Purdue University researchers will lead a $5
million, five-year effort to help countries in sub-Saharan Africa reduce
hunger and poverty fueled by food waste.
By improving processing and marketing of key
crops, those in developing countries can make better use of food that
already is being produced but is simply lost through poor storage or
processing technologies and management practices.
The Feed the Future Innovation Lab for Food
Processing and Post-Harvest Handling was announced by United States
Agency for International Development administrator Rajiv Shah on
Thursday (May 22) at the Chicago Council's Global Food Security
Symposium. It is funded by Feed the Future, the U.S. government's Global
Hunger and Food Security Initiative led by USAID.
"This award from Feed the Future will enable
Purdue to help smallholder farmers make available not only more food in a
region of the world where it is greatly needed but also more nutritious
food," said university President Mitch Daniels.
Nine researchers from Purdue's College of
Agriculture (including Betty Bugusu, Bruce Hamaker, Suzanne Nielsen, and Mario Ferruzzi from Food Science) and 11 from other universities in the United States and
Africa will conduct research that will support and strengthen crops'
"value chain," the process by which crops go from farm to market to
Objectives of the research are to:
* Improve drying and storage of cereal grains
(corn, rice, sorghum and millet) and grain legumes (cowpea, soybean and
peanut) in the humid tropics of Africa, specifically Kenya and Senegal.
* Increase commercialization of crops and improve nutrition.
* Strengthen institutional and human capacities
along the value chain, with emphasis on gender-sensitive approaches as
most postharvest activities in sub-Saharan Africa are performed by
* Establish and strengthen public-private
partnerships to promote and adopt innovations in technology to reduce
postharvest food loss.
Experts say food production will need to double
by 2050, when the world's population is expected to increase to 9
billion people from 7 billion today. While current efforts mainly
involve increasing production to meet the growing demand, this Feed the
Future Innovation Lab focuses on reducing food losses along the value
chain, said Betty Bugusu, project director and managing director of the International Food Technology Center at Purdue. The Food and Agriculture Organization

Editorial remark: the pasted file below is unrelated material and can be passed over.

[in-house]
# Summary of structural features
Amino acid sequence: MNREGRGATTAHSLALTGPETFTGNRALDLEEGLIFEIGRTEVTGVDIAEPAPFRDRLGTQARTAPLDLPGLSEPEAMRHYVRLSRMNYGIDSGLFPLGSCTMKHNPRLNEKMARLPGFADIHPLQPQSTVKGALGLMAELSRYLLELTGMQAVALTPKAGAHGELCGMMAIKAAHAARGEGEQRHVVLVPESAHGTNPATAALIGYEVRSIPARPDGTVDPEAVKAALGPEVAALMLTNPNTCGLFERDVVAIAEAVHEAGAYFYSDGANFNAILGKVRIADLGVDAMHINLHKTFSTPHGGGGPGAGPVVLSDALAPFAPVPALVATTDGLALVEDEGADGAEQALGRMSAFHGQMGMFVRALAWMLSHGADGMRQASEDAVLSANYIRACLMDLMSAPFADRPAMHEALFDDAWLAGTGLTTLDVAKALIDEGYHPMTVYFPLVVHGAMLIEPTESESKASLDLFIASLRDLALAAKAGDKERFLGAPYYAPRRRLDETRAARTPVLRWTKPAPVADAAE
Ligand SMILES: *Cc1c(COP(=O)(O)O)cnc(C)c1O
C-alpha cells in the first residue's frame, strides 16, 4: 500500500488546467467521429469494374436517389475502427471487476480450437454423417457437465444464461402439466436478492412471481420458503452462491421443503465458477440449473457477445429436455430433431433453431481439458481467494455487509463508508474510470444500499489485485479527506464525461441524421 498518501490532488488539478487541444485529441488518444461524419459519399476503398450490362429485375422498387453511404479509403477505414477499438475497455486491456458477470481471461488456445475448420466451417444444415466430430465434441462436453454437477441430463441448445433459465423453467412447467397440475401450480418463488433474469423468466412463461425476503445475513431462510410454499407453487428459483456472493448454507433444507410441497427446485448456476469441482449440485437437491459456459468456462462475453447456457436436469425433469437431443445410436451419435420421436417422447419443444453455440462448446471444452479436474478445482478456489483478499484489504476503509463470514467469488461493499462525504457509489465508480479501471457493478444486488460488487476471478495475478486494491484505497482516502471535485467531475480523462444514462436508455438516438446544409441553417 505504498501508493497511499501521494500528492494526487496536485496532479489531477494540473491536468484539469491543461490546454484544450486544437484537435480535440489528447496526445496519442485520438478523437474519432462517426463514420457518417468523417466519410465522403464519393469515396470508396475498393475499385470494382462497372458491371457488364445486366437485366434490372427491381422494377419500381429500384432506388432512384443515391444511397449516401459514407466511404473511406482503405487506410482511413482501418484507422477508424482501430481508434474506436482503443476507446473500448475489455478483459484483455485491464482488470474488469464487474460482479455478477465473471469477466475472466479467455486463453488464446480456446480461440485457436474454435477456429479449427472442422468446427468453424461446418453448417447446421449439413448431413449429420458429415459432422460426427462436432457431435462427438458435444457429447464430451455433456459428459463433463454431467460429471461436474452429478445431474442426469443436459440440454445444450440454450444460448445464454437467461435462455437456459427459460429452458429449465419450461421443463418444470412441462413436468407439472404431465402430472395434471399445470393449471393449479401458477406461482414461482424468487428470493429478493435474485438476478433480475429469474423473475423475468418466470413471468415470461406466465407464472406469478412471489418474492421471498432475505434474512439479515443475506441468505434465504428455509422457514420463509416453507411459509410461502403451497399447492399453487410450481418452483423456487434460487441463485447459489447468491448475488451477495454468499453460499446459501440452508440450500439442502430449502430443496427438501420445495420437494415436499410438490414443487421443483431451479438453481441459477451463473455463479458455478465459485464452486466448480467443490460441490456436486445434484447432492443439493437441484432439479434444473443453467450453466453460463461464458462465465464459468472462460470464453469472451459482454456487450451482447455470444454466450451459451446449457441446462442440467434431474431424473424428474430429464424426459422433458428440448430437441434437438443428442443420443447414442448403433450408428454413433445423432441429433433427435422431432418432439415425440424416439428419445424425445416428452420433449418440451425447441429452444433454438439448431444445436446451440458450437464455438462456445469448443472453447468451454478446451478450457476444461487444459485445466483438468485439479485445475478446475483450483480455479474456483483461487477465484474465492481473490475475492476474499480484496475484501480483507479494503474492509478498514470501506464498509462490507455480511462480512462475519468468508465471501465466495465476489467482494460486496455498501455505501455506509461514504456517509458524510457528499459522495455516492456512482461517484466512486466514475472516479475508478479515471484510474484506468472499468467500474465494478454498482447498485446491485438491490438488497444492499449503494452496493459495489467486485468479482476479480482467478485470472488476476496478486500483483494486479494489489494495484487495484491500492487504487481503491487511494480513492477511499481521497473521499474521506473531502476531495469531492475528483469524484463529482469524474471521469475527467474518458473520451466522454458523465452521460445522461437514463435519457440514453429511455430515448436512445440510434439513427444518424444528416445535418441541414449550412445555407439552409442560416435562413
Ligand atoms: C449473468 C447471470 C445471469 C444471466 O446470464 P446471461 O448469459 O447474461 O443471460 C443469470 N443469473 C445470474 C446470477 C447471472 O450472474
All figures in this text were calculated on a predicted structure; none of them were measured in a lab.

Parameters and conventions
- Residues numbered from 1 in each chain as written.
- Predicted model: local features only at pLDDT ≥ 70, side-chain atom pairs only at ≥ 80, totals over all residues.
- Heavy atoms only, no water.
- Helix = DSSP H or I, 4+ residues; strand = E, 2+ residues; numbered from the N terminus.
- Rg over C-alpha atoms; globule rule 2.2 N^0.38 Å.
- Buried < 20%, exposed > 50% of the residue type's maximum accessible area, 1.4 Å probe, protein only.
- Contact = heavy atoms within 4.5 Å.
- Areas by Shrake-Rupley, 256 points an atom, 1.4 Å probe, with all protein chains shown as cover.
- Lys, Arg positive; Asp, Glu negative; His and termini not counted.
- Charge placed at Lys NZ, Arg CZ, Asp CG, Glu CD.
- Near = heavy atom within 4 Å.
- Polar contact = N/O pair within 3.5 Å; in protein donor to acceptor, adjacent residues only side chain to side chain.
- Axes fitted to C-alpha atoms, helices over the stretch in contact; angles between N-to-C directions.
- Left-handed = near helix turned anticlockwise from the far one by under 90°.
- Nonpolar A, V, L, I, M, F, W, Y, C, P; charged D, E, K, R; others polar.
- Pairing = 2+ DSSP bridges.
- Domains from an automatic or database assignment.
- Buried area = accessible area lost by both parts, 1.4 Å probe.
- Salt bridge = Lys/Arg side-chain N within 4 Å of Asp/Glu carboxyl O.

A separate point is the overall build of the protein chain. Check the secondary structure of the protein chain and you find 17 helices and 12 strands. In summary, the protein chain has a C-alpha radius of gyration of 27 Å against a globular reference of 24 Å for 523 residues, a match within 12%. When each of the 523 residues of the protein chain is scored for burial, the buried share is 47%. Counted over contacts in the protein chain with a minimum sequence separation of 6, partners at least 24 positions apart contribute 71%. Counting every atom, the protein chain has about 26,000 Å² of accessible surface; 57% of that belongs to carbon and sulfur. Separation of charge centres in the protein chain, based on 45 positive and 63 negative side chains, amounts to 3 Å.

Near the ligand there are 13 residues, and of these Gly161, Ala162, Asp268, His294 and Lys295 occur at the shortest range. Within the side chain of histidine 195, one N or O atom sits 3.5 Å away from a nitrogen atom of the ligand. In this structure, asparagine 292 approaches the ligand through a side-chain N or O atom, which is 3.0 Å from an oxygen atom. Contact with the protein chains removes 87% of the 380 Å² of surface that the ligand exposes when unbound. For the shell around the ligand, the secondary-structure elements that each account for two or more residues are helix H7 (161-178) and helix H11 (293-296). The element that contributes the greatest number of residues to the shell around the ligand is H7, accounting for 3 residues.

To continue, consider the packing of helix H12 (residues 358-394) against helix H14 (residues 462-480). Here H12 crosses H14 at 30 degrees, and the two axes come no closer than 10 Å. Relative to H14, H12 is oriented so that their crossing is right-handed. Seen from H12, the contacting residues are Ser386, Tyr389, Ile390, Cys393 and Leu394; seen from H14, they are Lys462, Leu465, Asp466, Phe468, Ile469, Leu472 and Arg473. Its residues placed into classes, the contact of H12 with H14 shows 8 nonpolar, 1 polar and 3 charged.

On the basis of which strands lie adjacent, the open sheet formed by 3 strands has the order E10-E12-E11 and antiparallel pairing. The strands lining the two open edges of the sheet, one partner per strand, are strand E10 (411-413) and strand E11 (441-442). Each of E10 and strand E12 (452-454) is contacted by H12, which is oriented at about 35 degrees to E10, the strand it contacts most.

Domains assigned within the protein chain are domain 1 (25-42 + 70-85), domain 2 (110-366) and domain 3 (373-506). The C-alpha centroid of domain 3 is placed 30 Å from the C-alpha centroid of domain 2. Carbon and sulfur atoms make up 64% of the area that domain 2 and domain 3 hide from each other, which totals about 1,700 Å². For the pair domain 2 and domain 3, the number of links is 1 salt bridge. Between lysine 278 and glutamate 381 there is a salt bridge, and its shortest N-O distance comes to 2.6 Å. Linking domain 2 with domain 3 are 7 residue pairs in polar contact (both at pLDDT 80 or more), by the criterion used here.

of the United Nations estimates such losses at one-third of all food
produced worldwide, with losses prevalent in developing countries.
is essential to recognize that food security does not end at harvest,
since a significant amount of the food produced in developing countries
is lost due to poor postharvest handling techniques and limited market
opportunities," Bugusu said.
The research will build on Purdue's and
collaborators' record of research and development in postharvest
commodity activities leading to improved market access for smallholder
farmers. Key results from past work include the Purdue Improved Crop
Storage technologies, or PICS, that reduce losses from insect damage,
and research to disseminate food processing technologies to rural and
The researchers also have expertise in drying
technologies to decrease grain loss from mold and in processing grain to
generate market-competitive products with enhanced nutrition.
The project also aims to help develop markets for
smallholder farmers, thereby providing more food while also improving
their livelihoods, said James "Jess" Lowenberg-DeBoer, associate dean of Purdue's College of Agriculture and director of its International Programs in Agriculture.
Farming in sub-Saharan countries is mostly centered on smallholder
farmers producing food for their families. About 90 percent of them own
farms of about two hectares - slightly less than five acres.
"It is seldom viewed as a business," he said. "A
viable and sustainable agriculture revolution that works for farmers,
businesses and the environment in developing countries must involve
development of a thriving and profitable market-driven food sector to
expand market access for farmers and reduce food losses."
About Feed the Future:
Feed the Future is the U.S. government's global
hunger and food security initiative. With a focus on smallholder
farmers, particularly women, Feed the Future supports partner countries
in developing their agriculture sectors to spur economic growth and
trade that increase incomes and reduce hunger, poverty and
undernutrition. More information is available at http://www.feedthefuture.gov.
Writer: Keith Robinson, 765-494-2722, email@example.com
Sources: Mitch Daniels, firstname.lastname@example.org
Betty Bugusu, 765-494-3626, email@example.com
James "Jess" Lowenberg-DeBoer, 765-494-6876
Ag Communications: (765) 494-2722;
Keith Robinson, firstname.lastname@example.org
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